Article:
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### Computation of

As demonstrated by Olson et al. (1987) and Olson & Kunasz (1987), the coefficients , , and can be used to construct diagonal and tri-diagonal operators for 1D radiation transport problems. In fact, up to the full matrix can be constructed by a straightforward extension of the idea (Hauschildt & Baron, 2004; Hauschildt et al., 1994). These non-local operators not only lead to excellent convergence rates but they also avoid the problem of false convergence that is inherent in the iteration method and can also be an issue for diagonal (purely local) operators. Therefore, it is highly desirable to implement a non-local also for the 3D case. The tri-diagonal operator in the 1D case is simply a nearest neighbor that considers the interaction of a point with its two direct neighbors. In the 3D case, the nearest neighbor considers the interaction of a voxel with the (up to) surrounding voxels (this definition considers a somewhat larger range of voxels that a strictly face-centered view of just 6 nearest neighbors). This means that the non-local requires the storage of 27 (26 surrounding voxels plus local, i.e., diagonal effects) times the total number of voxels elements. This can be reduced, for example if one considers only the voxels that share a face to a total of 7 elements for each voxel. However, this would ignore the effect of characteristics that pass 'diagonally' through a voxel and would therefore lead to a slower convergence rate.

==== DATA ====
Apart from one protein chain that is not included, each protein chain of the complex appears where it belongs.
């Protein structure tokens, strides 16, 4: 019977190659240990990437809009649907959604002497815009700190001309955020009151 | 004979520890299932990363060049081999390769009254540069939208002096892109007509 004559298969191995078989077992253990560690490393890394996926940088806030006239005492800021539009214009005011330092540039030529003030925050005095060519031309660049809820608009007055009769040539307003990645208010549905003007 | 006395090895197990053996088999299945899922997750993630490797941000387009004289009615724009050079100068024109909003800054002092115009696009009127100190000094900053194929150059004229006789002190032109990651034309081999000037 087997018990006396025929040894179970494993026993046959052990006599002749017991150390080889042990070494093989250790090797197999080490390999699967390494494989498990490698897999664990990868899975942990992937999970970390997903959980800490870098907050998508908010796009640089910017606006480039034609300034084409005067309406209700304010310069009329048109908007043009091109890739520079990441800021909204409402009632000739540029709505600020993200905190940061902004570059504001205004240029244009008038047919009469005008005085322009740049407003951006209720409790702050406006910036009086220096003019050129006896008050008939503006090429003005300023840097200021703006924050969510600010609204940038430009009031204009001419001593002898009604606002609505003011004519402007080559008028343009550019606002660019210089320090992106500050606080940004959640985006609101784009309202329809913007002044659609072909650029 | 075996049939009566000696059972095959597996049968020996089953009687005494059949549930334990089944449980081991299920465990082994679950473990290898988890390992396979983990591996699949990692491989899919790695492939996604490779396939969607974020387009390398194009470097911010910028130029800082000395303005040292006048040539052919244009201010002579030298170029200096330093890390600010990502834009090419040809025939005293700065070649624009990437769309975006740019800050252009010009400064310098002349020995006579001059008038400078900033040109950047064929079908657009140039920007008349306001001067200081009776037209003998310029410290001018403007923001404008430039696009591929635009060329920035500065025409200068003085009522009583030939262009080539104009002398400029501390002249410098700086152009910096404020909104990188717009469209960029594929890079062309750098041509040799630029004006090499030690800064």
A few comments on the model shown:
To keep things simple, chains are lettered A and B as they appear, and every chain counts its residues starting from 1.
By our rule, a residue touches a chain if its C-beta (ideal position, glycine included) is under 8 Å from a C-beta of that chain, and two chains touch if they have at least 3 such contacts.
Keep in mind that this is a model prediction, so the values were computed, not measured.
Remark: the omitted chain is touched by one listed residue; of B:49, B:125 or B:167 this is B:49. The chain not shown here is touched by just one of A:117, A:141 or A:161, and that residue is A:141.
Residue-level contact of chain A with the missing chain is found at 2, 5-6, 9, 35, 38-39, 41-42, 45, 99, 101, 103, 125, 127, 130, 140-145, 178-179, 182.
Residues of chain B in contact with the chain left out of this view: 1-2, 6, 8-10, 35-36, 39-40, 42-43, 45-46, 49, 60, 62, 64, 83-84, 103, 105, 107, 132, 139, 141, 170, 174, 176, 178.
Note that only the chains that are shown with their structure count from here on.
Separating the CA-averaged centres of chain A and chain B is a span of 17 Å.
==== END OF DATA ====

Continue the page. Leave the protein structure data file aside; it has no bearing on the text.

The construction of the operator proceeds in the same way as discussed in Hauschildt (1992). In the 3D case, the 'previous' and 'next' voxels along each characteristic must be known so that the contributions can be attributed to the correct voxel. Therefore, we use a data structure that attaches to each voxel its effects on its neighbors. The scheme can be extended trivially to include longer range interactions for better convergence rates (in particular on larger voxel grids), however the memory requirements to simply store ultimately scales like where is the total number of voxels. The storage requirements can be reduced by, e.g., using 's of different widths for different voxels. Storage requirements are not so much a problem if a domain decomposition parallelization method is used and enough processors are available. Below we will show some results for test cases with larger operators.

We describe here the general procedure of calculating the with arbitrary bandwidth, up to the full -operator, for the method in spherical symmetry (Hauschildt et al., 1994). The construction of the is described in Olson & Kunasz (1987), so that we here summarize the relevant formulae. In the method of Olson & Kunasz (1987), the elements of the row of are computed by setting the incident intensities (boundary conditions) to zero and setting for one voxel and performing a formal solution analytically.

We describe the construction of using the example of a single characteristic. The contributions to the at a voxel are given by

 (22) (23) (24) (25) (26)

These contributions are computed along a characteristic, here labels the voxels along the characteristic under consideration. These contributions are integrated over solid angle with the same method (either deterministic or through the Monte-Carlo integration) that is used for the computation of the . For a nearest neighbor , the process of Eq. 26 is stopped with , otherwise it is continued until the required bandwidth has been reached (or the characteristic has reached an outermost voxel and terminates).

Next: Operator splitting step Up: Formal solution Previous: Formal solution
Peter Hauschildt 2006-01-09